Rare Plant Species
Management Plans

Amy Faivre

I chose to major in biology while in college in the hopes of spending as much time outdoors as possible.  Students working with me will have plenty of opportunities to conduct fieldwork in a variety of habitats, as well as pursue studies in the greenhouse and laboratory.  One of my main interests includes plant reproductive biology and the animals that are responsible for floral pollination.  I have researched hummingbird-pollinated flowers in the mountains of southern Arizona, as well as, plants in the coffee family in the rainforests of both Costa Rica and Panama.  I have observed pollen tube growth within several species to determine if these species are capable of accepting their own pollen to produce seeds, or if they have to receive pollen from a different plant in order to set seed.  Pollen tubes can be viewed in the laboratory using fluorescence microscopy (see photo).

    Conservation biology is also one of my major interests, especially after seeing the extent of habitat loss and fragmentation occurring across the United States and abroad.  While conducting research on a state endangered plant in Ohio, I compared levels of genetic variation among Ohio and Michigan populations.  This plant, prairie valerian [Valeriana ciliata] (see photo), is found only in the mid-west in the unique wetland fen habitat.  I have also worked for the Ohio Department of Natural Resources in the Division of Natural Areas and Preserves (DNAP).  Working with DNAP has made me increasingly aware of the negative impact of non-native, invasive plant species to natural areas.  As part of my job with DNAP, I have been documenting the extent of non-native, invasive plant species populations in our state nature preserves using GPS (Global Positioning System), and projecting these data onto aerial photos using GIS (Geographical Information System) software.  Students working with me will be encouraged to pursue questions related to endangered plants locally as well as globally, including studies of their reproductive biology, genetic diversity, and distribution.  Both the extent and quality of the plant species habitats and impacts on these habitats will be studied and recorded using GPS/GIS. (See the photo of the pink Dragon’s-mouth Orchid [Arethusa bulbosa], a state-endangered species in Ohio, that requires extensive habitat management to ensure its continued blooming and reproduction.)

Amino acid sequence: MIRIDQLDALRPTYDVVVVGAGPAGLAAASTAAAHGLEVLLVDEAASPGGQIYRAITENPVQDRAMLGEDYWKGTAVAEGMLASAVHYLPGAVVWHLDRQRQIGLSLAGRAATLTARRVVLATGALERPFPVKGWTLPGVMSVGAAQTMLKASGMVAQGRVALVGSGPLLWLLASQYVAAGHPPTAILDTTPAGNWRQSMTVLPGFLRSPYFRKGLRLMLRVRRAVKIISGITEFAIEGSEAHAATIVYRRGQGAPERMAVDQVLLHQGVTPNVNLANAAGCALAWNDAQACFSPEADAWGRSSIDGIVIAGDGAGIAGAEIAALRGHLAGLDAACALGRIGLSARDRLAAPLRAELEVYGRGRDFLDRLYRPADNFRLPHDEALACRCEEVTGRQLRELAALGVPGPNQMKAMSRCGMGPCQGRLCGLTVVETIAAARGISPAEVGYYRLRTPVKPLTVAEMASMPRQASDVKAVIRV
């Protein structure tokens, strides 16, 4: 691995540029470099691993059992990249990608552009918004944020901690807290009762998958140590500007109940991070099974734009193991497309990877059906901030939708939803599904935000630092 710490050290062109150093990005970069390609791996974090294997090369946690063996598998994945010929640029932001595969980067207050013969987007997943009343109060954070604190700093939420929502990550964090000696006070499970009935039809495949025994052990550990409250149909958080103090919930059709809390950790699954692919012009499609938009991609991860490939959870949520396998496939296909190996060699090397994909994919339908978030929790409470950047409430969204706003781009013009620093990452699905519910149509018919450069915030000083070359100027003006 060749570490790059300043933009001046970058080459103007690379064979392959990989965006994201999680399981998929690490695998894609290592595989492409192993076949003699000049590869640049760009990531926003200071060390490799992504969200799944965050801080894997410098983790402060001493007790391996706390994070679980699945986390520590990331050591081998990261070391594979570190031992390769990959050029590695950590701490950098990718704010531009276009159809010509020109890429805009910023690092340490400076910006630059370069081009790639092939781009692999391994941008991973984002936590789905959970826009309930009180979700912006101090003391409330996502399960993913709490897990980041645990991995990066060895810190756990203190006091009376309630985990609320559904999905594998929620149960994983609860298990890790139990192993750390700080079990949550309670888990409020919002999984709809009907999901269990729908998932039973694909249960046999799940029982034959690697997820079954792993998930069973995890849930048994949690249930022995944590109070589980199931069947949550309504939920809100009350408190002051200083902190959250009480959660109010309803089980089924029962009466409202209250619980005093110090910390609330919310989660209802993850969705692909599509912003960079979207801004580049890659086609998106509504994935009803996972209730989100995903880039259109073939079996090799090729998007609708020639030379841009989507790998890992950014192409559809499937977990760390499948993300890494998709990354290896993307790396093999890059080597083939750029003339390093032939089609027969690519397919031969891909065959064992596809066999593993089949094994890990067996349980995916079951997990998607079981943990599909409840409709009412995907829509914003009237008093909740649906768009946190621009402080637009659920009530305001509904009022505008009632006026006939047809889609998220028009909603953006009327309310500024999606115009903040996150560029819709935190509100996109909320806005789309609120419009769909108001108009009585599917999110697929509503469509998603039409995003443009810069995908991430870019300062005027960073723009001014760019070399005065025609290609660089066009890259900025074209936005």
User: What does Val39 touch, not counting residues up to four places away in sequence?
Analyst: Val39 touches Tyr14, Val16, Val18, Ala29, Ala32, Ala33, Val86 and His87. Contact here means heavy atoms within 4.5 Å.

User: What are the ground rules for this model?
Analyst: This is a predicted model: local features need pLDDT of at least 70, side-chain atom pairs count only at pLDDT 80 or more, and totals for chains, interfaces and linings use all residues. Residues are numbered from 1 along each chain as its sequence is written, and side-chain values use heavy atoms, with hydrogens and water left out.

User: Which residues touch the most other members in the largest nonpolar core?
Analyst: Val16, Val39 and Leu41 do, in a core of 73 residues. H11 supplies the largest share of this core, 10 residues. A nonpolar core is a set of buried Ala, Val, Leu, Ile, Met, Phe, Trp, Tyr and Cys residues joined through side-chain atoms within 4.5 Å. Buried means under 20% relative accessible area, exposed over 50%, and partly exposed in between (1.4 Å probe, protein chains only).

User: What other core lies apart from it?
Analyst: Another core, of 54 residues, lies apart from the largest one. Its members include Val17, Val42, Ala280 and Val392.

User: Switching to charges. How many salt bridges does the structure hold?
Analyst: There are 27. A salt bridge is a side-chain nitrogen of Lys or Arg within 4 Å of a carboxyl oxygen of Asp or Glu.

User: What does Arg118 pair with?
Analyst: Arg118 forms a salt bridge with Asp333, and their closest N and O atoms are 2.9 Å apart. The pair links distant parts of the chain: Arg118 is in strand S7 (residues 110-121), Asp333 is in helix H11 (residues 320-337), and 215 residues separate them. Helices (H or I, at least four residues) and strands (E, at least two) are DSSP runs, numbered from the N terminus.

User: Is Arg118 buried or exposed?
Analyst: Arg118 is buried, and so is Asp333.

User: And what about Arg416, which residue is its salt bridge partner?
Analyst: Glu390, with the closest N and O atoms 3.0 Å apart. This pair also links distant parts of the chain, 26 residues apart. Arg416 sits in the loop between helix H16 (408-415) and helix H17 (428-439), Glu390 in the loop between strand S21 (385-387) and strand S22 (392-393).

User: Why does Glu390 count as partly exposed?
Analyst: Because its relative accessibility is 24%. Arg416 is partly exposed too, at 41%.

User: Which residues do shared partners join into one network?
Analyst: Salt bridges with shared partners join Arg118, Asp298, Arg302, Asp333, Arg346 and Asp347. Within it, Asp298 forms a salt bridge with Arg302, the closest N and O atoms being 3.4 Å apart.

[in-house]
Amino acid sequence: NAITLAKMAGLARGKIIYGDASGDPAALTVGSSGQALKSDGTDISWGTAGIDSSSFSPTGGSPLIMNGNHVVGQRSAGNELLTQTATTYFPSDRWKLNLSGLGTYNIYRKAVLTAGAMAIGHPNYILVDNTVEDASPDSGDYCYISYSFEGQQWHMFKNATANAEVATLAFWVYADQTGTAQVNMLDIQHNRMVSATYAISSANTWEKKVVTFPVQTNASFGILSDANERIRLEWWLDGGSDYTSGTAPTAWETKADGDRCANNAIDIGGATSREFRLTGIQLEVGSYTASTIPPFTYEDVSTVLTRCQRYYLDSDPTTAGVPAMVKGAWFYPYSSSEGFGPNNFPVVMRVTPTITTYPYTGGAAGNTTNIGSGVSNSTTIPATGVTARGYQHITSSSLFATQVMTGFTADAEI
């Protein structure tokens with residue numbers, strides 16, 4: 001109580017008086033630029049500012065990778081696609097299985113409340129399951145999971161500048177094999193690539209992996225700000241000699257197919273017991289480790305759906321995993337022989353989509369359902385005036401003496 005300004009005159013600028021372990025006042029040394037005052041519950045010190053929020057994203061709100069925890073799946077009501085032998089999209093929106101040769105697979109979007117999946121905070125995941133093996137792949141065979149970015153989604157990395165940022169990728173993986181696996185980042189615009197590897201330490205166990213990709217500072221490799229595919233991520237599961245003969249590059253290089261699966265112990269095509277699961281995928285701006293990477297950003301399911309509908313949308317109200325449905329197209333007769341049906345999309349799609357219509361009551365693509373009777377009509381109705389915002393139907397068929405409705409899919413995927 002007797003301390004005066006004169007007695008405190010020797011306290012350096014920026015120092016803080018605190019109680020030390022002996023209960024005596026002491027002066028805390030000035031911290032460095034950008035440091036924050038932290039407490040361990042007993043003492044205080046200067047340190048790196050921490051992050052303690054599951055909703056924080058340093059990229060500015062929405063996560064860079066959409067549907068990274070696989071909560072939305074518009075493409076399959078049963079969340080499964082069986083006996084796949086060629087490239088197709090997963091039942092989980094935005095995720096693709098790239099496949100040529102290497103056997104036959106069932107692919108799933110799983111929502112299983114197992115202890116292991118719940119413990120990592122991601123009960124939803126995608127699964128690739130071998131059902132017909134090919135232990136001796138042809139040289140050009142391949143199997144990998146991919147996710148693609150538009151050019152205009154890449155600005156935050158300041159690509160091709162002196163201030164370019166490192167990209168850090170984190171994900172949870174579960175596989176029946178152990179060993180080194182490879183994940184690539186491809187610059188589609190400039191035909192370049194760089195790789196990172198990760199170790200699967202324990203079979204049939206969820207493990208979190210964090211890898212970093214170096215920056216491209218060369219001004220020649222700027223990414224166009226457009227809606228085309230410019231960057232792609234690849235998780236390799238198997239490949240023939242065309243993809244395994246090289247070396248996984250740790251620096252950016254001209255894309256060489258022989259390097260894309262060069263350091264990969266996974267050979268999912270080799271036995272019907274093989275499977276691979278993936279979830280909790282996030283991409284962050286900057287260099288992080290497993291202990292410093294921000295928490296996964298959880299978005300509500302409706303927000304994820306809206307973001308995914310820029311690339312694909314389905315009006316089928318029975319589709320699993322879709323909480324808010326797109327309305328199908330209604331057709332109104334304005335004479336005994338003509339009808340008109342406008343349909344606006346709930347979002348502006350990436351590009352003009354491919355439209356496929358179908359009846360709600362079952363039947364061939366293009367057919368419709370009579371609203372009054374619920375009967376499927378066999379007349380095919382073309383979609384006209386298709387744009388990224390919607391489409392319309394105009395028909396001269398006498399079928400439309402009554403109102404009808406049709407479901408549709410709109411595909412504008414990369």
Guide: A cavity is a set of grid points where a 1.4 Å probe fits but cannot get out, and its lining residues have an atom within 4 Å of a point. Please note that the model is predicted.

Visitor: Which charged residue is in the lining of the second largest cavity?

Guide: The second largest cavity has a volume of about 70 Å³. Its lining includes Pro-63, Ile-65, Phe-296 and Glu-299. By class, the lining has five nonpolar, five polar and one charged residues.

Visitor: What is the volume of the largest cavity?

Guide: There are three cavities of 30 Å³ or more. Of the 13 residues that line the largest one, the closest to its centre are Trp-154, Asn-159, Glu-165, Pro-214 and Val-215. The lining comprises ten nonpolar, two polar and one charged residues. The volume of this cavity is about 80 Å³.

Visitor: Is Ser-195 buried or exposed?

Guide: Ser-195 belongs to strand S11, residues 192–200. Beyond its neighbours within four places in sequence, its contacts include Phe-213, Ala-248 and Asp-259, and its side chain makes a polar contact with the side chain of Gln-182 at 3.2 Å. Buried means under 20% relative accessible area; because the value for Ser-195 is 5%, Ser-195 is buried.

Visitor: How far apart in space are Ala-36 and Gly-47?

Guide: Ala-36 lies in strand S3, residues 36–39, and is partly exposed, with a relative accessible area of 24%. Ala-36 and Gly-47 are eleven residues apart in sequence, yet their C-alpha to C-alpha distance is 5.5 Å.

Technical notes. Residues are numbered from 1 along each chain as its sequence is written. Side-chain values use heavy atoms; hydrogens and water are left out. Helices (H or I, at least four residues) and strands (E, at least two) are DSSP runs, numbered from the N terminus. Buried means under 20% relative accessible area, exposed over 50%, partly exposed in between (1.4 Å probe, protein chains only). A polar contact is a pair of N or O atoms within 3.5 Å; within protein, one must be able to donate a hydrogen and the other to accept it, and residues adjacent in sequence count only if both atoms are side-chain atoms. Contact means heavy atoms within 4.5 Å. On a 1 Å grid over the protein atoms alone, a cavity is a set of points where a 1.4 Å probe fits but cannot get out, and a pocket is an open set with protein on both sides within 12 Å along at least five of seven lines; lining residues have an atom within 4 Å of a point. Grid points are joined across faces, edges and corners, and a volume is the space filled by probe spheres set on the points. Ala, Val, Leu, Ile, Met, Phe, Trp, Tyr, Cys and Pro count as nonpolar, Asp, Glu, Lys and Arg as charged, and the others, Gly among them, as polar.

Last Up Dated July 02, 2003
Contact Amy Faivre at: aefaivre@cedarcrest.edu